HIV infection - What are the symptoms of HIV infection?
BMJ Group Medical Reference
Most people get some mild symptoms about two weeks to four weeks after they get infected with HIV. More serious symptoms usually don't happen until 10 years later.
You can easily miss the early symptoms because they're like the symptoms you get with other virus infections, such as flu. Once the early symptoms have cleared up, most people don't have any other signs of infections for many years. So it's hard to tell whether you have HIV.
It takes a long time for HIV to damage your immune system enough to make you sick. Most people show some signs of a weak immune system after about 10 years to 12 years. Doctors call these later symptoms. But if you get treatment early, it may be much longer before you get these symptoms.
Most people who get infected with HIV get some symptoms after a few weeks. They are like the symptoms you get with a cold or flu. Doctors call these early symptoms a seroconversion illness. It means your body is starting to make antibodies against HIV. Antibodies are small particles that your immune system makes to help fight infections.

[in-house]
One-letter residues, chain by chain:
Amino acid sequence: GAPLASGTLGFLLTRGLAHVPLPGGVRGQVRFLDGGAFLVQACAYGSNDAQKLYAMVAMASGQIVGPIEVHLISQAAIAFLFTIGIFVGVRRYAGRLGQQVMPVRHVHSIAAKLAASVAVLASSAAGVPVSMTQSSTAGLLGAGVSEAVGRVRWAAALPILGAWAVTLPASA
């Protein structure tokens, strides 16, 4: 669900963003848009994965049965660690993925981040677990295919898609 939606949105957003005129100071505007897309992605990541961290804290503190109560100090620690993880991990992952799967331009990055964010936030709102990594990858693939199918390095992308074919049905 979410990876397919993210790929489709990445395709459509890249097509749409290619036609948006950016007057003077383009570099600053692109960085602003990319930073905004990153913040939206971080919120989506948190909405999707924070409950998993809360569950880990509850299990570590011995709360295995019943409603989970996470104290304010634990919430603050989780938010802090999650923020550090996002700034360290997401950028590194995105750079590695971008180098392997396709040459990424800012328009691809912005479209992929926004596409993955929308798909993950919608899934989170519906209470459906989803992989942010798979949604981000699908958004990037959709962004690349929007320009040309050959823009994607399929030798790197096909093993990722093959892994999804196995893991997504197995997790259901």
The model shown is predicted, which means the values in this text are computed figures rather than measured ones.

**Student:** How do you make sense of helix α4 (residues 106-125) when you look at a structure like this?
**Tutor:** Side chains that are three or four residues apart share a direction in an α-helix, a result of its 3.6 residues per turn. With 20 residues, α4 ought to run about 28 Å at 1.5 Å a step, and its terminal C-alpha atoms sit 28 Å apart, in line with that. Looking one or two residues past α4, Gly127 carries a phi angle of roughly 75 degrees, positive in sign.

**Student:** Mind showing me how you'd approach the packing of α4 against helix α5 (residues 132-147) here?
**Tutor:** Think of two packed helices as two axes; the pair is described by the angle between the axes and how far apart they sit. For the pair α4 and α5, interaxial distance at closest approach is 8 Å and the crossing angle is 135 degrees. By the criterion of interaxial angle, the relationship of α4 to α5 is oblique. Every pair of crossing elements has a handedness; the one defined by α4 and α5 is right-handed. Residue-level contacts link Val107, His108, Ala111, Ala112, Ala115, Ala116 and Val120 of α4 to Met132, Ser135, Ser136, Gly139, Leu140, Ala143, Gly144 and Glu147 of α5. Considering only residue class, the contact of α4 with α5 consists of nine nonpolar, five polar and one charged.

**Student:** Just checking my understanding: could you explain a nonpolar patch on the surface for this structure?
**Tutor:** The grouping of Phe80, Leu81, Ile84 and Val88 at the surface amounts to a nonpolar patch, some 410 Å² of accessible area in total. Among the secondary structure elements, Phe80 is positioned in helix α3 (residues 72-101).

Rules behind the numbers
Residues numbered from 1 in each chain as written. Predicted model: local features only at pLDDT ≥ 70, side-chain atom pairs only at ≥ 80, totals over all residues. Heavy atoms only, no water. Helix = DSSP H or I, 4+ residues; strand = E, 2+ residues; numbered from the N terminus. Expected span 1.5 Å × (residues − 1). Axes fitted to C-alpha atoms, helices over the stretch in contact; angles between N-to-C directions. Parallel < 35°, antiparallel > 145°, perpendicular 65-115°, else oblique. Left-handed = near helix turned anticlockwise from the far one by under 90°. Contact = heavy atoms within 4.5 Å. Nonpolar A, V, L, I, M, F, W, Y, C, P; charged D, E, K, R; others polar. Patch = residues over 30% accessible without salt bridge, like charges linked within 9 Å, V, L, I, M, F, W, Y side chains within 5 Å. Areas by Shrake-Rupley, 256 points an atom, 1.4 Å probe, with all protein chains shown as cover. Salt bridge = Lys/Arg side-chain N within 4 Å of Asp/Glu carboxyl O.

The symptoms of this stage usually last about three weeks and clear up without any treatment.
You may get:
You might also have swollen lymph nodes (the glands in your armpits, groin, and neck) or keep getting cold sores.
Because some of these symptoms are so general, many people don't realise that they have been infected with HIV. But if you think that you may have caught HIV, you should go to your local genitourinary medicine (GUM) clinic. This is important because:
If you do get a positive HIV test, you will get support and advice, including advice about when to start treatment
At this early stage you're very infectious, which means it's very easy for you to spread the virus to other people. If you know you have the virus you can stop spreading it to other people.